Dodd-Frank CARD ACT by now. They were grinding their way through what would become the ACA.
What have the Republicans accomplished as of today?
They got a Supreme Court justice at the cost of allowing liberals to nominate liberals in the future. And they named a bunch of post offices. What else have they gotten at the legislative level? And they also got a President who is at 34% who is leading to massive swings against the GOP. Those swings are large enough to endanger the gerrymandered House GOP majority even if they do nothing.
That is my pragmatic point. Being howler monkeys may be a successful strategy to gain power but it has not been a successful strategy to exercise power.
Now onto the broader point of pragmatism or pre-compromising depending on your point of view, I want to bring back a post from December 2015 regarding a statement made by the current FDA Commissioner Scott Gottlieb on the ACA Exchanges. First I will highlight a post from earlier that week explaining the bullshit:
leading lights of the conservative “health wonk” community is peddling bullshit that is technically true if you parse it correctly but designed to mislead anyone but a hyper technical reader.
Last year open enrollment started on November 15th. The 6th week of open enrollment would have been the first week of January.
This year, open enrollment started on November 1st. The 6th week of open enrollment just wrapped up.
Yes, at the six week mark of open enrollment, 2014 enrollment is running higher than 2015 enrollment. However there is one massive fact that will show 2015 open enrollment 7th week selections running ahead of 2014 7th week selections. Sometime at the end of this week, Healthcare.gov and most of the state based exchanges will conduct a massive automatic renewal of plans.
Trump is a partial consequence of over-promising
And next year, when Obamacare does not collapse in on itself like a neutron star of fail, the same opinion leaders and expert validaters will trot out the same story.
The Republican base has been promised a lot and their party can’t deliver on those goals. The elites don’t have legitimacy because their bullshit has been marked to market so new entries with new, creatively destructive forms of bullshit have a niches that they can fill and a willing mass audience that wants to believe that this time the new guy can deliver on their promises while ignoring the elites who have no credibility.
I want to avoid that cycle. I would rather under-promise and over deliver than over promise and under deliver.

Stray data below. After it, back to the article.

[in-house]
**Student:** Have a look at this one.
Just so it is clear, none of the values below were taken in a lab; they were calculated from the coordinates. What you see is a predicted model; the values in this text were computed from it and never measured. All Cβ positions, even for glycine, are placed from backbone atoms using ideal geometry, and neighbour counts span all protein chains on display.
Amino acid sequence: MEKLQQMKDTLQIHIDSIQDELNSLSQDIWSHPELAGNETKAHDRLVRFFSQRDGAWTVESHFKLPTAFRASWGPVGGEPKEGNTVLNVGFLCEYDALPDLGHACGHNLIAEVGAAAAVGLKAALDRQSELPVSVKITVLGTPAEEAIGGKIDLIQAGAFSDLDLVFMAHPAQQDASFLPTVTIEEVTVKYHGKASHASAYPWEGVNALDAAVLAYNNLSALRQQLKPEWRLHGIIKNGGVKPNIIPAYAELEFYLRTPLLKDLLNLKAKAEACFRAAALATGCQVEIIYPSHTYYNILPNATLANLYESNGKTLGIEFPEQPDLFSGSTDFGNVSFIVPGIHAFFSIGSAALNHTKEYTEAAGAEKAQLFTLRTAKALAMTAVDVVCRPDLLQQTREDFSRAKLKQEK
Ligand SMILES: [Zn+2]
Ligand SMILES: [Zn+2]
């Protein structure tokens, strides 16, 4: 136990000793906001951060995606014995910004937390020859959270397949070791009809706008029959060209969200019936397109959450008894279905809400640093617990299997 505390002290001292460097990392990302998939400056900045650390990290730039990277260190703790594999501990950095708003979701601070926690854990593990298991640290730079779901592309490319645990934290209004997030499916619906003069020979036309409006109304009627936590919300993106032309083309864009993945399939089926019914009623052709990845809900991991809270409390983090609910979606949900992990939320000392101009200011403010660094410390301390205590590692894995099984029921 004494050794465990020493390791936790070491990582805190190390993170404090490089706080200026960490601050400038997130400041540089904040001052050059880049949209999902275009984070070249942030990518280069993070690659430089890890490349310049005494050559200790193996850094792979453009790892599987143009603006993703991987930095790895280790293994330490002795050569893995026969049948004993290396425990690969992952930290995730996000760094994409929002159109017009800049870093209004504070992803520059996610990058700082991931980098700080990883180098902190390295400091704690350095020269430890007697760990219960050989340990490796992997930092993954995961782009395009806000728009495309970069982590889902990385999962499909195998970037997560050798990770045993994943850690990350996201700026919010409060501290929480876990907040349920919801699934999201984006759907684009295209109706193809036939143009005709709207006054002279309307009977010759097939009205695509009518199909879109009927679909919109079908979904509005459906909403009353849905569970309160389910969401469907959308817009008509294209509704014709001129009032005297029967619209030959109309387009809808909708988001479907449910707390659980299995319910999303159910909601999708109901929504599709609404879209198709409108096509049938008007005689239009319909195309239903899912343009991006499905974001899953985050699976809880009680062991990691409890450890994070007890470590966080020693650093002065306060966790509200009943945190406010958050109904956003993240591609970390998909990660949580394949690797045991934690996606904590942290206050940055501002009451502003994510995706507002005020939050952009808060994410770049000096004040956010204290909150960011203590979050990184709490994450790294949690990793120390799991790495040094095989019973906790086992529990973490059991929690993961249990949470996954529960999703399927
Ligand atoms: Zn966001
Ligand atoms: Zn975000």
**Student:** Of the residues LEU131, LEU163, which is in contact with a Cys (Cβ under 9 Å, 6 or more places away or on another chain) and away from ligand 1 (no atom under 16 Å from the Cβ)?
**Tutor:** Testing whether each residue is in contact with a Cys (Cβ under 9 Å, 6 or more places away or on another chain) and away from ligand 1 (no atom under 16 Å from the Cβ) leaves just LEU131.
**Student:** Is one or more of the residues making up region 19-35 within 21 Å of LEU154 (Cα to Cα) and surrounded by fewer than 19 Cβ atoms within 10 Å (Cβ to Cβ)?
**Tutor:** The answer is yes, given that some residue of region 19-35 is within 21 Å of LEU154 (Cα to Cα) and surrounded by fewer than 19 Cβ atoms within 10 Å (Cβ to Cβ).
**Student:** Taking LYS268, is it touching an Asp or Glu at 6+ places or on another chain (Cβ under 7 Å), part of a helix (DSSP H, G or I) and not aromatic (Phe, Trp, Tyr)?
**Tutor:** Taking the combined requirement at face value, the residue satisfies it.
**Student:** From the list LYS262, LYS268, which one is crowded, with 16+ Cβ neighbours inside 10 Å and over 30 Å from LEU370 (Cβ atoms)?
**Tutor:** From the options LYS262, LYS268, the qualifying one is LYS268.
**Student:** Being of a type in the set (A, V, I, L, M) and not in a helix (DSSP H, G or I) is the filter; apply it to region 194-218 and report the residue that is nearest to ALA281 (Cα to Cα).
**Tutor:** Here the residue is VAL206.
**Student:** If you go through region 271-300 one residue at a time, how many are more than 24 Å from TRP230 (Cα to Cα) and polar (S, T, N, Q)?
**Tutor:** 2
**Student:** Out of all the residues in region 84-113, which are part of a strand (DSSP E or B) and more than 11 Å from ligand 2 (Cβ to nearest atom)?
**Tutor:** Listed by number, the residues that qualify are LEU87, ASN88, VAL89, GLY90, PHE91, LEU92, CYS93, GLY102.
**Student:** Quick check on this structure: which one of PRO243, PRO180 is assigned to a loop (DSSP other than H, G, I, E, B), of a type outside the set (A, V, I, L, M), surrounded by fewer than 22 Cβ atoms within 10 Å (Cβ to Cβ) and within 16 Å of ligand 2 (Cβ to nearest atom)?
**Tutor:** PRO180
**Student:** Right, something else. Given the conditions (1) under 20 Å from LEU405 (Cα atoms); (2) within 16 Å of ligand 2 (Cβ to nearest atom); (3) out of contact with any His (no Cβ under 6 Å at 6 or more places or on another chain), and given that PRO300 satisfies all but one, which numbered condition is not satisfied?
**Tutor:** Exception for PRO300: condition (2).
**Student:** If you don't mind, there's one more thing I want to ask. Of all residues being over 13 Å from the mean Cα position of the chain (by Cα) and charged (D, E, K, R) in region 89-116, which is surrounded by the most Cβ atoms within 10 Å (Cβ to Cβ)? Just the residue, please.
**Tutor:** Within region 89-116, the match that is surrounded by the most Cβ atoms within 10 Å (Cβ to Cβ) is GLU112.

I also believe that the details matter and an accurate assessment of the current state and a reasonable approximation of future states is critical in doing anything well. I can be accused of having that bias for professional and financial reasons as I am a health policy wonk and figuring out complex systems pays the mortgage. I don’t think that is what drives me, but I will acknowledge that possibility.
I want a political and policy program that has two realistic chances. The first is that it needs a realistic chance of passing Congress and being signed into law. The second is that once it is law, it needs to have a realistic chance of actually working and doing what it intends to do without surprising consequences in type or scale.
From these preferences, that means identifying things that imperil those two chances. Great politics don’t always means great policy as we see with the risk pool damage that the Under-26 provision of the ACA creates by pulling out healthy young people from the market. Needed policy is not always great politics as we see with the individual mandate. Sometimes a bad is needed to be accepted on one side of the equation to allow the other side to work but those bads should be minimized to the essentials for passage or functionality. And that means being disciplined in our thinking.
The valuation of “bad” will vary. It is a combination of projection and a value judgement as to what trade-offs are acceptable. Having that discussion now and hopefully coming to some type of consensus or at least a clear understanding of different valuations is a good thing as there is time to tweak and rejigger plans.
What a fucking idiot. The first rule of opposing a livable wage is you don’t call it a livable wage.
During Tuesday night’s debate for an open U.S. House seat in Georgia, Republican candidate Karen Handel said that she does not support a “livable wage.”
I’m not raising money for Ossoff because I think the 30 million spent on the race already is enough but let’s keep raising money for the eventual Democratic nominee in all 238 districts Republicans currently hold. Let’s make the next Democratic majority a 435 seat one.